An RMIT University engineer has developed transparent, unbreakable and wearable electronics that could help beat skin cancer.
Approximately two in three Australians will be diagnosed with skin cancer by the time they are 70, with the condition also causing thousands of deaths each year.
RMIT’s Associate Professor Bhaskaran has found a way to combine oxide materials (think the stuff that makes up the transparent layer on mobile phone touchscreens) with stretchable, rubber-like membranes.
“This has been utilised to develop new devices like UV sensors that are stretchable, optically transparent, and as thin as a sticker,” Bhaskaran says.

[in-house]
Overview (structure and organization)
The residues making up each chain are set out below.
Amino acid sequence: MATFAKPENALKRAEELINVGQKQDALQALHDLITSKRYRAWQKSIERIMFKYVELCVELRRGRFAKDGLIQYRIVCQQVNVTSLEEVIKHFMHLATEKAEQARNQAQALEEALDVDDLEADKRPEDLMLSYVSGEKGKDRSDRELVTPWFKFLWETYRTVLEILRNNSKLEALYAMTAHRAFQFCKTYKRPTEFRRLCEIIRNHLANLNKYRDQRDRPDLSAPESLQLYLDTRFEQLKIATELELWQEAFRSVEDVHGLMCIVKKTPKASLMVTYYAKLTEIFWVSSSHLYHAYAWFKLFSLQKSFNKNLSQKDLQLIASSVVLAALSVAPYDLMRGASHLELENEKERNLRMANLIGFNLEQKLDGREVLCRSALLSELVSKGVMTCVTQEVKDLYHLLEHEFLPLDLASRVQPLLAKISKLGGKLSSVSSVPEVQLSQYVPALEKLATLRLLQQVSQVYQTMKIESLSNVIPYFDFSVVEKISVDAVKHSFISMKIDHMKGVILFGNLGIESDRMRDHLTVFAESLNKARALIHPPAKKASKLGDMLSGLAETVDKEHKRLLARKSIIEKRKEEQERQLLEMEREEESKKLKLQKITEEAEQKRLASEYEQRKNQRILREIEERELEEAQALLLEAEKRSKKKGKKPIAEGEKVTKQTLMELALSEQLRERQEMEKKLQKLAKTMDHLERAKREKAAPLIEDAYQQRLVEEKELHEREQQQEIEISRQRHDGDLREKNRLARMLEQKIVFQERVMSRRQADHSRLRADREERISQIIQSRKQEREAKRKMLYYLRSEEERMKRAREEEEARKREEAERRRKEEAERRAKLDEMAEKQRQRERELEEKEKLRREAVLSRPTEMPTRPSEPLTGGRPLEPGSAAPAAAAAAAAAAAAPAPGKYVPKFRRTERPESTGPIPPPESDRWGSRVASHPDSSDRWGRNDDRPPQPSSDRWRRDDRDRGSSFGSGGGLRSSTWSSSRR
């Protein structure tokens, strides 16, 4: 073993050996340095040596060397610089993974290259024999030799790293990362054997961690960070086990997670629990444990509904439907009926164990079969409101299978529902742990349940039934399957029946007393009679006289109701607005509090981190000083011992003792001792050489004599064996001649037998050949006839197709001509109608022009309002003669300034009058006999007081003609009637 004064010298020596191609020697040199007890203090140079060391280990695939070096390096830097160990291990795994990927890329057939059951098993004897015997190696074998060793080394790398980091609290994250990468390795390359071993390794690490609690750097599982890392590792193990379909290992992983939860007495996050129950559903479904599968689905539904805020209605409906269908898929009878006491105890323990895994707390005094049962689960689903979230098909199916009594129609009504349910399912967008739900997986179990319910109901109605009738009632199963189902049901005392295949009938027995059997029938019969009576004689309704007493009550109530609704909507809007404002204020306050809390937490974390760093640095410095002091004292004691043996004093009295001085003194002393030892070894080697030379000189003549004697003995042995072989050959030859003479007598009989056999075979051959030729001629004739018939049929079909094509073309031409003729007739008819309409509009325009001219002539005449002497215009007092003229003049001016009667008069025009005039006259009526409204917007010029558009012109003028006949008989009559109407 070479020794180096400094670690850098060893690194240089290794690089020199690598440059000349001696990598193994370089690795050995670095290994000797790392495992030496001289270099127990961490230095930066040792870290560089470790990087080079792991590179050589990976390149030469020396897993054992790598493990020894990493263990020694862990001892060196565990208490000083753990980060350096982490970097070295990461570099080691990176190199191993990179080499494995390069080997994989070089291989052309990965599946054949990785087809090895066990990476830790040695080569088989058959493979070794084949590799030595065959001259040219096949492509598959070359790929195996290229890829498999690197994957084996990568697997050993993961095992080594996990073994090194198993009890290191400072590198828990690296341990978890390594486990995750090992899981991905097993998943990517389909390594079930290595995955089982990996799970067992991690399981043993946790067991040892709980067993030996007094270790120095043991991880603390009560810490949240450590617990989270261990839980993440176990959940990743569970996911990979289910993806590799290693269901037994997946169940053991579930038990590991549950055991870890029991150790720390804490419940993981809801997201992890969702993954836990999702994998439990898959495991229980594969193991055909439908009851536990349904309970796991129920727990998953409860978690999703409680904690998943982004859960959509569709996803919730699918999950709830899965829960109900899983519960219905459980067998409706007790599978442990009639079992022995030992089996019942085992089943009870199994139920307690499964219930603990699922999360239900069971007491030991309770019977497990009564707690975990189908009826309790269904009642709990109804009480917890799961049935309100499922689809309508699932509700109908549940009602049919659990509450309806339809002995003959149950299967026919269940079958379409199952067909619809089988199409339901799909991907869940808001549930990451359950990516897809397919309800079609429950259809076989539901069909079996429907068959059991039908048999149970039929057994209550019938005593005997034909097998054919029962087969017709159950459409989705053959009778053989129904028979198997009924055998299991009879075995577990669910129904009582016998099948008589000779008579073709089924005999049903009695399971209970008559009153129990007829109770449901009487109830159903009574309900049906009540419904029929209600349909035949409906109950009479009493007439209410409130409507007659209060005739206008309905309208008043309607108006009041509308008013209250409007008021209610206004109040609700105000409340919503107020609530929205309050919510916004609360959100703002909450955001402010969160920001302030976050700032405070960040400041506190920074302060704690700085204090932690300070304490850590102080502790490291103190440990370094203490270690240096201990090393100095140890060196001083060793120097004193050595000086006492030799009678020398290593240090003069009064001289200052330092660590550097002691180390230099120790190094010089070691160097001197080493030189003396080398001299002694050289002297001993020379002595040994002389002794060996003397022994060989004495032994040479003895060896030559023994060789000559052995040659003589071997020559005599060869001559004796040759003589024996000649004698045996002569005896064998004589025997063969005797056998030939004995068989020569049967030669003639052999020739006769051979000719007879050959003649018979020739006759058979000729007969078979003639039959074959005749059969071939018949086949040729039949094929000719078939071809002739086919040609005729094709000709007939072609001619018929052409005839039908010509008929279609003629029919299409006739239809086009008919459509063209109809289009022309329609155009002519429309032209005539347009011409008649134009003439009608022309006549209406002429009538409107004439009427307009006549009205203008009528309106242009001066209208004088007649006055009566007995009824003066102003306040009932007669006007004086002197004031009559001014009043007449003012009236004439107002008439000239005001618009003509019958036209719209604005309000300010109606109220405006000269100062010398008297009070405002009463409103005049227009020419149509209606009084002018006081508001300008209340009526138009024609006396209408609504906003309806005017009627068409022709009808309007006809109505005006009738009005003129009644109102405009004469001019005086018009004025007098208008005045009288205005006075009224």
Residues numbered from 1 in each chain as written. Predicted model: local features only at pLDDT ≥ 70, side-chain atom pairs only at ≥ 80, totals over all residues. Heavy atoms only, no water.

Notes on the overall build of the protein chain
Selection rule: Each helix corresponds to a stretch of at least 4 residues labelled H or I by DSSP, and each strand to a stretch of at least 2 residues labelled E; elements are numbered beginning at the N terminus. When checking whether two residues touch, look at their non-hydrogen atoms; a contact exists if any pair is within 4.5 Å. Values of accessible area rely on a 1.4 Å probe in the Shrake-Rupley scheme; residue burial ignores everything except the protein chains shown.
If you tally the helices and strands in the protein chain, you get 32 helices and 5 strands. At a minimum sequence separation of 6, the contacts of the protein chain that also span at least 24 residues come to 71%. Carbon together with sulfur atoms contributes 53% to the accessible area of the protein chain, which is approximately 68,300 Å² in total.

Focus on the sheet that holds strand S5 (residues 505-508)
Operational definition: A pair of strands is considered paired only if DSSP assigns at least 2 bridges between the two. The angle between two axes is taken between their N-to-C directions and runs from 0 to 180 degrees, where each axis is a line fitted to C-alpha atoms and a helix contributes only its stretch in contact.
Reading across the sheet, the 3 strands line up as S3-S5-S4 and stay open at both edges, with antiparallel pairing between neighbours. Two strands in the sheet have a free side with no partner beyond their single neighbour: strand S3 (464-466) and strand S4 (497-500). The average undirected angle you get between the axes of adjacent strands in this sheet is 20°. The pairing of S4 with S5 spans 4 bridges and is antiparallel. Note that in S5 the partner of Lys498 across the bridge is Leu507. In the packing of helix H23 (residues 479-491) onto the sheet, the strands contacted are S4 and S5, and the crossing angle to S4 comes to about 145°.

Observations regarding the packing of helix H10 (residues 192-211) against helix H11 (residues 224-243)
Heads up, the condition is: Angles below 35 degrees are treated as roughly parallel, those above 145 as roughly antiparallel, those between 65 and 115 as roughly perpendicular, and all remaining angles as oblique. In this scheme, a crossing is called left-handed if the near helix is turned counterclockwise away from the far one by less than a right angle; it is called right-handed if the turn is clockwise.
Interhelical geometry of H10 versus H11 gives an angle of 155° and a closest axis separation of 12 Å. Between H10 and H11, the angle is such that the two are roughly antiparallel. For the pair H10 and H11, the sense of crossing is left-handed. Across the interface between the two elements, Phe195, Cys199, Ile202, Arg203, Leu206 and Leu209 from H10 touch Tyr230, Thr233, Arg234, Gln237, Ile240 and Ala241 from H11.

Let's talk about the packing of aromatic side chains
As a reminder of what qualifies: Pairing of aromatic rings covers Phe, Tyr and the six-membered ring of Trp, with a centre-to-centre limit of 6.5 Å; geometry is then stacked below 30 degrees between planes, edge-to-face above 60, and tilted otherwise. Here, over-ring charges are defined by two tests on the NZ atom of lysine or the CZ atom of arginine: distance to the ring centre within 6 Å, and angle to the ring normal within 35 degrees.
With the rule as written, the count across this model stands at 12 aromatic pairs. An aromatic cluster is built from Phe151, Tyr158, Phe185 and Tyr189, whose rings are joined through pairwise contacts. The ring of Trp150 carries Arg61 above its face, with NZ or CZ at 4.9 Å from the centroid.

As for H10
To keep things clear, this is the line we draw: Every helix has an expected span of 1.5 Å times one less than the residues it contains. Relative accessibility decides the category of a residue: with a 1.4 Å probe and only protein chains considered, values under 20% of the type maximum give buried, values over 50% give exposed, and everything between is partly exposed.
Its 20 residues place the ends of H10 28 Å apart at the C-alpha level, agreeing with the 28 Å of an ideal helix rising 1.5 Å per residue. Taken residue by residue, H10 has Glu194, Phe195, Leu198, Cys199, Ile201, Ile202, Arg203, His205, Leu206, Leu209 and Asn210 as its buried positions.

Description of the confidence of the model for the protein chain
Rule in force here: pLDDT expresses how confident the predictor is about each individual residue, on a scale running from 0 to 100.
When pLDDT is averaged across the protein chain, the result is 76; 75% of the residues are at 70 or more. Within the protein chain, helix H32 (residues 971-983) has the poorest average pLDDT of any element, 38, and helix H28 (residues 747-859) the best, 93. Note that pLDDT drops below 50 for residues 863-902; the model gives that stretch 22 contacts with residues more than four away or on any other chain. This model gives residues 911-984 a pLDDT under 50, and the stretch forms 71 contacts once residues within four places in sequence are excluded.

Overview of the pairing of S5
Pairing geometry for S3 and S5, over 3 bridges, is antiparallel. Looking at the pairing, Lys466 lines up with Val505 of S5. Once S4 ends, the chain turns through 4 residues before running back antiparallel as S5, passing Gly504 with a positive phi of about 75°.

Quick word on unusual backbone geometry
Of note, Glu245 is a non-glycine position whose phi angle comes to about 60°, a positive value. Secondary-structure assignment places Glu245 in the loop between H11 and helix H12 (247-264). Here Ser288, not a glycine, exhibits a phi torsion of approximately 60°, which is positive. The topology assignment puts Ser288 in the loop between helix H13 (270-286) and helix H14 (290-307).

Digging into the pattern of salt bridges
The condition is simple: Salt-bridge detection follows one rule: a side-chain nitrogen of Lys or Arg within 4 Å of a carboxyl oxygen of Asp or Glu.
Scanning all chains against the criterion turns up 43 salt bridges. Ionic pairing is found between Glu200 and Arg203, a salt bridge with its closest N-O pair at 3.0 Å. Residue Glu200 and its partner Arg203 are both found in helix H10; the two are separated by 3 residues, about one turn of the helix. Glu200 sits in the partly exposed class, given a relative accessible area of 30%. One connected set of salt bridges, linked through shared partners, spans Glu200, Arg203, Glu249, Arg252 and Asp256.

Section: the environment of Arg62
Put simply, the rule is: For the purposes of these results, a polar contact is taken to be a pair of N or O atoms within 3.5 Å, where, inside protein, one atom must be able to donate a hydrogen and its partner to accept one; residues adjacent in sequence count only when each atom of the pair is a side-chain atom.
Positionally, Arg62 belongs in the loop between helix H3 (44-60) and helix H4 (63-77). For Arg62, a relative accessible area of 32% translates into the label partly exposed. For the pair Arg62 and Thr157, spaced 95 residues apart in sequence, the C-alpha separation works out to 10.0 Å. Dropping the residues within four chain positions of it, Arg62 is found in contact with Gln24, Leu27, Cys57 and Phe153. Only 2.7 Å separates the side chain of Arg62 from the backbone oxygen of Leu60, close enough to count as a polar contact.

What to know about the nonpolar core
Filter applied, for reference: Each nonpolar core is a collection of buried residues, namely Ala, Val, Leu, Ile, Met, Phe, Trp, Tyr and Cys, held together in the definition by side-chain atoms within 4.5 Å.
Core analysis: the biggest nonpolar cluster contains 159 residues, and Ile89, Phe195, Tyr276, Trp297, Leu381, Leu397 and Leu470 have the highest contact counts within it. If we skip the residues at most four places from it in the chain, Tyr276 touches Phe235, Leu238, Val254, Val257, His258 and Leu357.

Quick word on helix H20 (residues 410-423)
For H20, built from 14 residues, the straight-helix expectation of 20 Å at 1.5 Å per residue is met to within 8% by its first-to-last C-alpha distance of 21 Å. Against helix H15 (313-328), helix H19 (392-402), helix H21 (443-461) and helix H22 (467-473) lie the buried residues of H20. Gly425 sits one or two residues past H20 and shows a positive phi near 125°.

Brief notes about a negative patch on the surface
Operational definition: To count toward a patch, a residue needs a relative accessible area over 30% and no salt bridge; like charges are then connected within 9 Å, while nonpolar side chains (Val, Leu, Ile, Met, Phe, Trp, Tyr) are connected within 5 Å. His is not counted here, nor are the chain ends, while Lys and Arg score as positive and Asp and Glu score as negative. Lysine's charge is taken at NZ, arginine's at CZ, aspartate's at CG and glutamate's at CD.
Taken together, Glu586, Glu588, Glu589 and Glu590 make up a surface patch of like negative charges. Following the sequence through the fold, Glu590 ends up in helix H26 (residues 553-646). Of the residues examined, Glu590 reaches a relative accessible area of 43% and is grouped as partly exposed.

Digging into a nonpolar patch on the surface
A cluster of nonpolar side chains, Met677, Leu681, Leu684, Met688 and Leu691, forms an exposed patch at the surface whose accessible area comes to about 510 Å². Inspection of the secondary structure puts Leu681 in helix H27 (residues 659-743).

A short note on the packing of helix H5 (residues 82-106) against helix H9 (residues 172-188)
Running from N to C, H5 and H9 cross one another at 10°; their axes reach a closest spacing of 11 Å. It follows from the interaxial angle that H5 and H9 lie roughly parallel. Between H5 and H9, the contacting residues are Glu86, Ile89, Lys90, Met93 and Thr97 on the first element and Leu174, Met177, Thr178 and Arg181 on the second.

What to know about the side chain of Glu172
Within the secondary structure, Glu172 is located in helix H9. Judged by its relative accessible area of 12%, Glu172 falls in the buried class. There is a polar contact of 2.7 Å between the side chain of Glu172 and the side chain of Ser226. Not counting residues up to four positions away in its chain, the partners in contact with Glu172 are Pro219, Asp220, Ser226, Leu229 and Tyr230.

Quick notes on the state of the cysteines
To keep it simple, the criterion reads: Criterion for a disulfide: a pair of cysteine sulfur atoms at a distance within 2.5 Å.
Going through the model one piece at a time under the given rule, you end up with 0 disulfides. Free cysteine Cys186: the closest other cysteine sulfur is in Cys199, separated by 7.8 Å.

“The ability to create light-weight non-obtrusive sensors in the form of wearable patches or ‘electronic skin’ creates significant opportunity in health and performance monitoring,” Associate Professor Bhaskaran says.
“Devices to alert people to dangerous exposure levels of pollutants or UV, to track health parameters, and to diagnose ailments such as cardiac function or sleep disorders in a wireless manner will significantly improve basic and chronic health management, improving people’s standard of life.”
It’s not just healthcare that stands to benefit. The ability to combine brittle oxide materials with rubber-like membranes could also lead to transparent electronics, sensors to detect dangerous gases in mines, flat optical devices and even smart contact lenses.
The breakthrough saw her win a Eureka Prize — one of Australian science’s highest honours.
Read more about the new materials here. Story credit: RMIT newsroom.
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